Quite a day for the Pirates.
In descending order, they:
In descending order, they:
Rescinded the scholarship of Jose Ascanio, sending a message to players and fans alike that they are completely serious about winning.
I don't necessarily think this is what the Pirates had in mind when they made the move. I think it was more along the lines of, "Wow, does this guy ever suck? Let's try someone else." But, since The Smize seems to have discovered an entirely new side of the bed to wake up on, I'm going to give this one.
Yesterday, June 6, 2011, a date which will be undoubtedly seared into Pittsburgh's consciousness, the Pirates organization declared to itself and to the world that nearly two full decades of ineptitude was enough. The organization sent a clear message to players and fans alike that the losing over when it designated awful, seldom-used reliever Jose Ascanio for assignment.
"We think we've finally figured out what was wrong this whole time," Pirates GM Neal Huntington said. "Someone forgot to convert from metric back to English. The updated numbers suggest that with this one dude out of the picture, we may not lose again this season."
Upon filing the transaction's necessary paperwork with the league, Huntington immediately advanced to GO, collected $200, and acquired Boardwalk from the Dodgers in exchange for Ventnor and Baltic Avenues.
Sent shock waves through the MLB draft by selecting Josh Bell, a high school hitter of considerable talent who had told every team not to draft him because he was committed to going to college.
Anyone who says they're committed to playing college ball, yet retains Scott Boras as a personal adviser can't be terribly committed to anything. As an aside, allow this to serve as example #4,890 of why baseball is so messed up. A high school player can retain the services of the sport's most powerful player agent on a pro bono basis to gain earning leverage, yet compete in college as an amateur. This one's on the NCAA, though, and not Major League Baseball.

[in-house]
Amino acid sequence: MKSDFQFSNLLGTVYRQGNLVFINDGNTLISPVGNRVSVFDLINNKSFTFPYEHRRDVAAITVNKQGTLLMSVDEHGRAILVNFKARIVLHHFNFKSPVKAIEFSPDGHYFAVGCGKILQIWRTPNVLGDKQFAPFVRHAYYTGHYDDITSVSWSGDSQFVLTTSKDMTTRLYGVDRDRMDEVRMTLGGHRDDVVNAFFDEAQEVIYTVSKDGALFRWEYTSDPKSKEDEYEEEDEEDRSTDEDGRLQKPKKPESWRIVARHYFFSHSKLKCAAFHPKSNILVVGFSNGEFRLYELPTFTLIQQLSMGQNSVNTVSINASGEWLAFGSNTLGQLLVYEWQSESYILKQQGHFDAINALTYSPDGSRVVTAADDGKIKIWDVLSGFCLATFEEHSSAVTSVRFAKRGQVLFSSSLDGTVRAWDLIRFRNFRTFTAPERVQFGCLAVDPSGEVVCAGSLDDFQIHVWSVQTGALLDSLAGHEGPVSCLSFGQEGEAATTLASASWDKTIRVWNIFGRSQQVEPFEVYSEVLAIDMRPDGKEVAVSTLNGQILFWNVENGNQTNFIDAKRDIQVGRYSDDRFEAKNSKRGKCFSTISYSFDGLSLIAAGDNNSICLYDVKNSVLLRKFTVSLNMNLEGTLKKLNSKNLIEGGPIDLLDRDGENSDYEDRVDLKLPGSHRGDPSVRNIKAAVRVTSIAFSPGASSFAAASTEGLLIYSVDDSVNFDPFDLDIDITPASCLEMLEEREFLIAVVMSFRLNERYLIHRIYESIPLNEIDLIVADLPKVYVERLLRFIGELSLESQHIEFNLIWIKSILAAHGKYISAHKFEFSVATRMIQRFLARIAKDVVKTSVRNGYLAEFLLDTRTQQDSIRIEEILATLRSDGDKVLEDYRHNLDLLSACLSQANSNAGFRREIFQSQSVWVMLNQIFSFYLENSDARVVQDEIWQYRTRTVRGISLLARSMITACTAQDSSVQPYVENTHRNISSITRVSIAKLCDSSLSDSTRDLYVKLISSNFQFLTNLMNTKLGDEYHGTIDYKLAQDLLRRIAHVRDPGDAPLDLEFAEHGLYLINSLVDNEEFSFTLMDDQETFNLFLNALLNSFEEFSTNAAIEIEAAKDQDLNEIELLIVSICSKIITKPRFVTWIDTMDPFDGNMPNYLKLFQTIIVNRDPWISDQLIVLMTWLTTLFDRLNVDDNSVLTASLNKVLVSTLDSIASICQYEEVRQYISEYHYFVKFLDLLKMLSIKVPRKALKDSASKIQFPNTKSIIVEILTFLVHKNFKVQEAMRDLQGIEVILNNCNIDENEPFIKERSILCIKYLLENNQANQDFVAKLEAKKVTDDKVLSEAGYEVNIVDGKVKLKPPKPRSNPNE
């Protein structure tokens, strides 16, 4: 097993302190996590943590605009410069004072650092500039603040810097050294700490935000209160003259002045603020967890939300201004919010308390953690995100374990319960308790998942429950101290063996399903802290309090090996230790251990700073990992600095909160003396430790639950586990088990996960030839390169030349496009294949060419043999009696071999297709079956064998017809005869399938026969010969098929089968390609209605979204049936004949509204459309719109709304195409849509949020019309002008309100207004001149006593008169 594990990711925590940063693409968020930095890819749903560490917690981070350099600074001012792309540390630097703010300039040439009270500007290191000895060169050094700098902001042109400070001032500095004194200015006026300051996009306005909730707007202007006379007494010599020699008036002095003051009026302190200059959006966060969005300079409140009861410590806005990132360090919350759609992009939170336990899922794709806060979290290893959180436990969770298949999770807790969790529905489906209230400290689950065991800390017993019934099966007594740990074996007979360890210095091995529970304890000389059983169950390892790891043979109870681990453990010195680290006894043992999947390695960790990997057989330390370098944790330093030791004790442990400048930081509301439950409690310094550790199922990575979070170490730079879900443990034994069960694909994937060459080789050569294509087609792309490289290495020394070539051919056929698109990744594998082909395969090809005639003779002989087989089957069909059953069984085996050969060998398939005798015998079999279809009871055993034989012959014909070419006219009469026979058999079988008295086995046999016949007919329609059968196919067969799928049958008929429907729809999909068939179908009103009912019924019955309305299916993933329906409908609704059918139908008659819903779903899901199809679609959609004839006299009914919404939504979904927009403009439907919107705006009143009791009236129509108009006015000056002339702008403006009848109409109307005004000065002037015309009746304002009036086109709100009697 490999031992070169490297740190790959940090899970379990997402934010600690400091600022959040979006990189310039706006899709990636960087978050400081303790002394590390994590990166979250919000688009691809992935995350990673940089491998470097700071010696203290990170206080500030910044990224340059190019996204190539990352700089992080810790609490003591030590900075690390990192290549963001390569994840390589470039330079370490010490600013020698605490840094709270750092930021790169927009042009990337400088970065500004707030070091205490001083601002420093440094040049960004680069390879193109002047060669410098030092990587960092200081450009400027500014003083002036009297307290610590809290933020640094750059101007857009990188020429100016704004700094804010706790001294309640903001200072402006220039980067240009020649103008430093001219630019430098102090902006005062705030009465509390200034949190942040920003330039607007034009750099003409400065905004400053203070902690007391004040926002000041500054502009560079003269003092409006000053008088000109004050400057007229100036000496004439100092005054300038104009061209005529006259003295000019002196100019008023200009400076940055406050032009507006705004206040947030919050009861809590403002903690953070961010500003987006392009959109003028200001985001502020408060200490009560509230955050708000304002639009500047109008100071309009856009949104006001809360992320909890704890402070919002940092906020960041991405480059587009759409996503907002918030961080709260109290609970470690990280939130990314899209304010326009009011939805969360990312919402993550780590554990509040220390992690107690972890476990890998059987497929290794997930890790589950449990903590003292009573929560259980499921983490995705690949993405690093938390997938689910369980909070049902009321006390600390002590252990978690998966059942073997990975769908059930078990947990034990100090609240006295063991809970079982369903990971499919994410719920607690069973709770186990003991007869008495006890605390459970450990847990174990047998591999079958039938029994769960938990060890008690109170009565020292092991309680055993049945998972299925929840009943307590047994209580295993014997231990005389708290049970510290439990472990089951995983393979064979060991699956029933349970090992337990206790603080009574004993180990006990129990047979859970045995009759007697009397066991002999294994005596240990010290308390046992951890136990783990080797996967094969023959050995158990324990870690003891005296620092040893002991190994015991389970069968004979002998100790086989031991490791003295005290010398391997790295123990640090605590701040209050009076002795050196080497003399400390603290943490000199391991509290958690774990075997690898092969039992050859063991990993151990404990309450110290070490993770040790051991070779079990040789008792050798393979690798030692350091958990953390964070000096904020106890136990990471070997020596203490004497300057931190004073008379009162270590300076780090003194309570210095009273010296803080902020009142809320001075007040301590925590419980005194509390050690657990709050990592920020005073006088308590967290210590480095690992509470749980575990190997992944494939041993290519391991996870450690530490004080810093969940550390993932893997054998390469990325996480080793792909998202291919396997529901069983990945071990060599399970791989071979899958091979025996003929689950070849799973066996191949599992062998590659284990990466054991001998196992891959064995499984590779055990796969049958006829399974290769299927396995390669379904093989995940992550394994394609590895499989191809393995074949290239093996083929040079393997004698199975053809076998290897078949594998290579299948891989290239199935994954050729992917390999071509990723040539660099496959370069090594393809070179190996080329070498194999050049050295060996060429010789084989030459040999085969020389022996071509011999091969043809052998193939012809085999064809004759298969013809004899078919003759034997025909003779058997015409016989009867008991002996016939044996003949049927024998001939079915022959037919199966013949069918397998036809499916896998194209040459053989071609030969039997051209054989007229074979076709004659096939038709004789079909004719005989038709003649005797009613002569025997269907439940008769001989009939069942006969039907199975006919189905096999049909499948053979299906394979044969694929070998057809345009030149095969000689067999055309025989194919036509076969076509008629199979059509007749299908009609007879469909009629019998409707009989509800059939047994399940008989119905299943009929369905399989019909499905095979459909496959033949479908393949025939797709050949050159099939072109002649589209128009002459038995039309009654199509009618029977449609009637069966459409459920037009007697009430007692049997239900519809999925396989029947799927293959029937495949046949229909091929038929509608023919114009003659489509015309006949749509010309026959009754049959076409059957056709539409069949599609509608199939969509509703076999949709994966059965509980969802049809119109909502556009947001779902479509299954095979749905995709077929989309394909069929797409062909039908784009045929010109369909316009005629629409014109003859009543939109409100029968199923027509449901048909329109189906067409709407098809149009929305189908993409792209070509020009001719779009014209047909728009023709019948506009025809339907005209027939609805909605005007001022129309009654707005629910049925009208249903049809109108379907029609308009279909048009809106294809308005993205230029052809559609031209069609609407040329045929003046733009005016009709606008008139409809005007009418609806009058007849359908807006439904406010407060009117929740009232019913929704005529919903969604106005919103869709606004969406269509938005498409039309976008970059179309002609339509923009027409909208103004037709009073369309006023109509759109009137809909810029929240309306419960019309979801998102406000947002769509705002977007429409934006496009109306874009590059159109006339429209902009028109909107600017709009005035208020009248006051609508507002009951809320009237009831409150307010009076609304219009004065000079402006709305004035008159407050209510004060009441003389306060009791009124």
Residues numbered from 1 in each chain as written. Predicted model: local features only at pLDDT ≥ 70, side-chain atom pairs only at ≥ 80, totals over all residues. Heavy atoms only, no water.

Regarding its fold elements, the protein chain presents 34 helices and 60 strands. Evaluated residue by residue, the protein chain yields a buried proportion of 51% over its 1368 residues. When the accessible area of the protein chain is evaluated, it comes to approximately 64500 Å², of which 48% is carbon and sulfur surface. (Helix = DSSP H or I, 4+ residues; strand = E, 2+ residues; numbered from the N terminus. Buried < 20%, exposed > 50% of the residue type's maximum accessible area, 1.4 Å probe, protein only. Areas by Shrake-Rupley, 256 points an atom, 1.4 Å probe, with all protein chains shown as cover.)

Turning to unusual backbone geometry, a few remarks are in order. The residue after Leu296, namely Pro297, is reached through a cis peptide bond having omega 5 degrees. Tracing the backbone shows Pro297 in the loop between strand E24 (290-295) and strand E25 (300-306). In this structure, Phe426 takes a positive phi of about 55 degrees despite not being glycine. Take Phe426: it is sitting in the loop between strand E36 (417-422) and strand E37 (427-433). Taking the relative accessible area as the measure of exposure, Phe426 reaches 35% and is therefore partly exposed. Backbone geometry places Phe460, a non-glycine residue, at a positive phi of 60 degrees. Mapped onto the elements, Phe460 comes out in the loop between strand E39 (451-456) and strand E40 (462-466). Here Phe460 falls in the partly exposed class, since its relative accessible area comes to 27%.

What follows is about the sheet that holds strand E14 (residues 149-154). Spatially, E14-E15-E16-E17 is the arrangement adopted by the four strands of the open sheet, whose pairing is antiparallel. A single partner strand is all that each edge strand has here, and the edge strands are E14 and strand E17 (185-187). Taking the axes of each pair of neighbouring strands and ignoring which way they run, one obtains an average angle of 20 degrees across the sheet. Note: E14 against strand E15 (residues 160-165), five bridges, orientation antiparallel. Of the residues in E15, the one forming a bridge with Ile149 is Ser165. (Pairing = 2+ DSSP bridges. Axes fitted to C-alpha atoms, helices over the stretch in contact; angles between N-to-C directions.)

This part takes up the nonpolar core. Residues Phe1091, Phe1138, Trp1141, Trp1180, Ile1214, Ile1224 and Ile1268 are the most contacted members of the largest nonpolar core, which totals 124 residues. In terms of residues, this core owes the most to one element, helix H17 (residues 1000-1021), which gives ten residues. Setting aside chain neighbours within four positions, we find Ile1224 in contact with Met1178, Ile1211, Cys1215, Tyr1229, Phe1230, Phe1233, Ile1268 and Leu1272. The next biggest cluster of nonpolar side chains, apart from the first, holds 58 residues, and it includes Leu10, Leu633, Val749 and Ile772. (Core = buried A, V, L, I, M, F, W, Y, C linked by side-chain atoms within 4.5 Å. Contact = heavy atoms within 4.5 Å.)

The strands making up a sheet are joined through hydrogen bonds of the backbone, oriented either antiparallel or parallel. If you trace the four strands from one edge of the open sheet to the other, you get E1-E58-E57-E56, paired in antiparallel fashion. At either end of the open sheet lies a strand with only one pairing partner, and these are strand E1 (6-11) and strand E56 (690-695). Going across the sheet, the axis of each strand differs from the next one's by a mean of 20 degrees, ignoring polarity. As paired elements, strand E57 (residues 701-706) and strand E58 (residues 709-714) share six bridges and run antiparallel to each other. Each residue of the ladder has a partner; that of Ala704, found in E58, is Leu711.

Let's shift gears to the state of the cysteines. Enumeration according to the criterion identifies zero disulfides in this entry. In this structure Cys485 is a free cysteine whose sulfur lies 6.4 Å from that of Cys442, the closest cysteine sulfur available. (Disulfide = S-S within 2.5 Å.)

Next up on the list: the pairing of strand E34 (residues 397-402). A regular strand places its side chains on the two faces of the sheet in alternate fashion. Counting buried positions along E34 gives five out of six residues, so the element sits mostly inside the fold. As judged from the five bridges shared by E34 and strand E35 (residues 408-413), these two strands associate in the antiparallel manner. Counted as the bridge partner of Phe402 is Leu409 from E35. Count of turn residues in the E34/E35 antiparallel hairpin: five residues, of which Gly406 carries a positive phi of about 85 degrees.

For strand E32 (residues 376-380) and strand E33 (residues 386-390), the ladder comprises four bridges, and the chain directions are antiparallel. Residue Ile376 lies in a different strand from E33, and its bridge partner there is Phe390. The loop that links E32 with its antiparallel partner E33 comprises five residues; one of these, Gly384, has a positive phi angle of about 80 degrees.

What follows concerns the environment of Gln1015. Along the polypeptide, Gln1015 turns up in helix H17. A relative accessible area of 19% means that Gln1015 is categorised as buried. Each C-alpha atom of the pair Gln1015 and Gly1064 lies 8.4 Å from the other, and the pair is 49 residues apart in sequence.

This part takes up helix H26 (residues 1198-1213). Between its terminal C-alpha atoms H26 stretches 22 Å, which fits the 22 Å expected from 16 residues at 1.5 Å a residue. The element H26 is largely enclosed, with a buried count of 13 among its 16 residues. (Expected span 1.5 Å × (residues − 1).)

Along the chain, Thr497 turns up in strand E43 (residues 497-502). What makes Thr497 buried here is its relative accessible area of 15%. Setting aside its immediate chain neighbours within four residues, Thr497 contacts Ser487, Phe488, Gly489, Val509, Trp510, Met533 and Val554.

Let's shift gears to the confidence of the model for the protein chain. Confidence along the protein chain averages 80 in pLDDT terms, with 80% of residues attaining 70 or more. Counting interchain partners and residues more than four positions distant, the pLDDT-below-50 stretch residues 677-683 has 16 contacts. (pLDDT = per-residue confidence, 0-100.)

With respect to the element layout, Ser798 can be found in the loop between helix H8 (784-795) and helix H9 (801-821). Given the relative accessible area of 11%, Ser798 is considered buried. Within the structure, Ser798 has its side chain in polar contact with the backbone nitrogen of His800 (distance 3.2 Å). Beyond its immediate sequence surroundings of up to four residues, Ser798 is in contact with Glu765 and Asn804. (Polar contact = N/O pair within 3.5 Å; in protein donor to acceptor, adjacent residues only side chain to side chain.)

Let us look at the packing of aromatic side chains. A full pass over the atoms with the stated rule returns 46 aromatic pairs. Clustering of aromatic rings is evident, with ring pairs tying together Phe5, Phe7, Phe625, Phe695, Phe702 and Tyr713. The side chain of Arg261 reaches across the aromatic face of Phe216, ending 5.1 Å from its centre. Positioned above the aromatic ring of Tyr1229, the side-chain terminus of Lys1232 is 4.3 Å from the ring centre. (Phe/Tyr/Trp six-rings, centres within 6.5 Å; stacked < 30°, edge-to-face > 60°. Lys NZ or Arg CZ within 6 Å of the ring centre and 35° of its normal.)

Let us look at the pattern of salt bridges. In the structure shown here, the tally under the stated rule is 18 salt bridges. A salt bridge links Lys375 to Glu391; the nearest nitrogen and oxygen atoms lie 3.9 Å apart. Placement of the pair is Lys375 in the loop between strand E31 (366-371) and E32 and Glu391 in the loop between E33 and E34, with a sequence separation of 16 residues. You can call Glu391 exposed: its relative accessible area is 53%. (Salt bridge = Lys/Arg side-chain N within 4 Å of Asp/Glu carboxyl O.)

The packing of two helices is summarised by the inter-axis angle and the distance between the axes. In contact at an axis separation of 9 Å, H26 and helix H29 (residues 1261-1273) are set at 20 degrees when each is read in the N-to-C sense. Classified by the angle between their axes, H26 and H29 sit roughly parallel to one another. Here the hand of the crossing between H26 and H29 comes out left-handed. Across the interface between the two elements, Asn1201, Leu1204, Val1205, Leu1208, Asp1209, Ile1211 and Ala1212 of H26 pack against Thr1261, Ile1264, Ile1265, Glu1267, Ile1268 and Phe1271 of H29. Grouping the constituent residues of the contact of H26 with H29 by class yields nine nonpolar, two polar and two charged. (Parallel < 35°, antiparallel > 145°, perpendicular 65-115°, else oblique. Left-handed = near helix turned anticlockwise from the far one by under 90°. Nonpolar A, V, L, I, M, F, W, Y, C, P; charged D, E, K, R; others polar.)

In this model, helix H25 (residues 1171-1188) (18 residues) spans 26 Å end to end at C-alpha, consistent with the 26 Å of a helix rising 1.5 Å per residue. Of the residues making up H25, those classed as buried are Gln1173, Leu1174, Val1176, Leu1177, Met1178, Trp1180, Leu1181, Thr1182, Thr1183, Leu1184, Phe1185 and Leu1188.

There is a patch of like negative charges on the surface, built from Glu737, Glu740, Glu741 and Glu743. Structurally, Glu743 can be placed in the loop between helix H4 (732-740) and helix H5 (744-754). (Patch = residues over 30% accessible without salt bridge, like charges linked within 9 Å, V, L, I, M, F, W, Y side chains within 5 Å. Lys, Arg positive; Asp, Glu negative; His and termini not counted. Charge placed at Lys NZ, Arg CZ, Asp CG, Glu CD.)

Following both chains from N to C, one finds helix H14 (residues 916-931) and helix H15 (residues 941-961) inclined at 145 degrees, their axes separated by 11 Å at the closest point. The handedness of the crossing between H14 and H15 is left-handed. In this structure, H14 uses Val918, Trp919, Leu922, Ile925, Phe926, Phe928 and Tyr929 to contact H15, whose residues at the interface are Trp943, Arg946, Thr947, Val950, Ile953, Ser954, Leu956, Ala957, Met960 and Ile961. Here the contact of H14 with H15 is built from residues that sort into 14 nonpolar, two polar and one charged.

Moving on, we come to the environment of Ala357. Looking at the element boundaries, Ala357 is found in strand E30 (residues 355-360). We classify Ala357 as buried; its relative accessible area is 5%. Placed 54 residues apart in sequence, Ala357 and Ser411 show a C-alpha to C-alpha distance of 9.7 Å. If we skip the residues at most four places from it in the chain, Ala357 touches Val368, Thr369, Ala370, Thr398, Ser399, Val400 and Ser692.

I'm also not sure it's accurate to say that drafting Bell sent shock waves through the draft. This kid was going to get drafted, simply because it makes more sense to secure his draft rights than not to. The surprising part is how high he went, given either how serious he is about going to college, or how serious he is about commanding upwards of $6.5 million in bonus money. A lot of teams would have waited until the later rounds to take a flyer on Bell. That the Pirates used their second-round pick to draft him suggests that they're probably serious about making an attempt at signing him. And even if they don't or are not able to, they'll receive a sandwich pick between the first and second rounds in next year's draft, as was the case when they failed to sign Tanner Scheppers.
It's also worth noting that a component of the next collective bargaining agreement likely to change between now and next year could do away with suggested slotting for draft picks and institute mandatory slotting, meaning teams wouldn't be able to pay way over the league-suggested dollar figure for draft picks. The Pirates have taken outrageous advantage of this the last three years by giving huge bonuses to later-round picks like Robbie Grossman and Zach Von Rosenberg to lure them away from college commitments. If this is to be the last year teams can throw huge bonuses at draft picks, the Pirates could certainly go out with a bang.
Rallied for five runs in the eighth inning to win a game that seemed lost, 8-5, over the Arizona Diamondbacks.
Big win for the program. Huge win. And you know what made it all possible, right? Jose Ascanio? Gone.
Tune in tonight, when the Paul Maholm-Zach Duke match up opens up a black hole that swallows the world.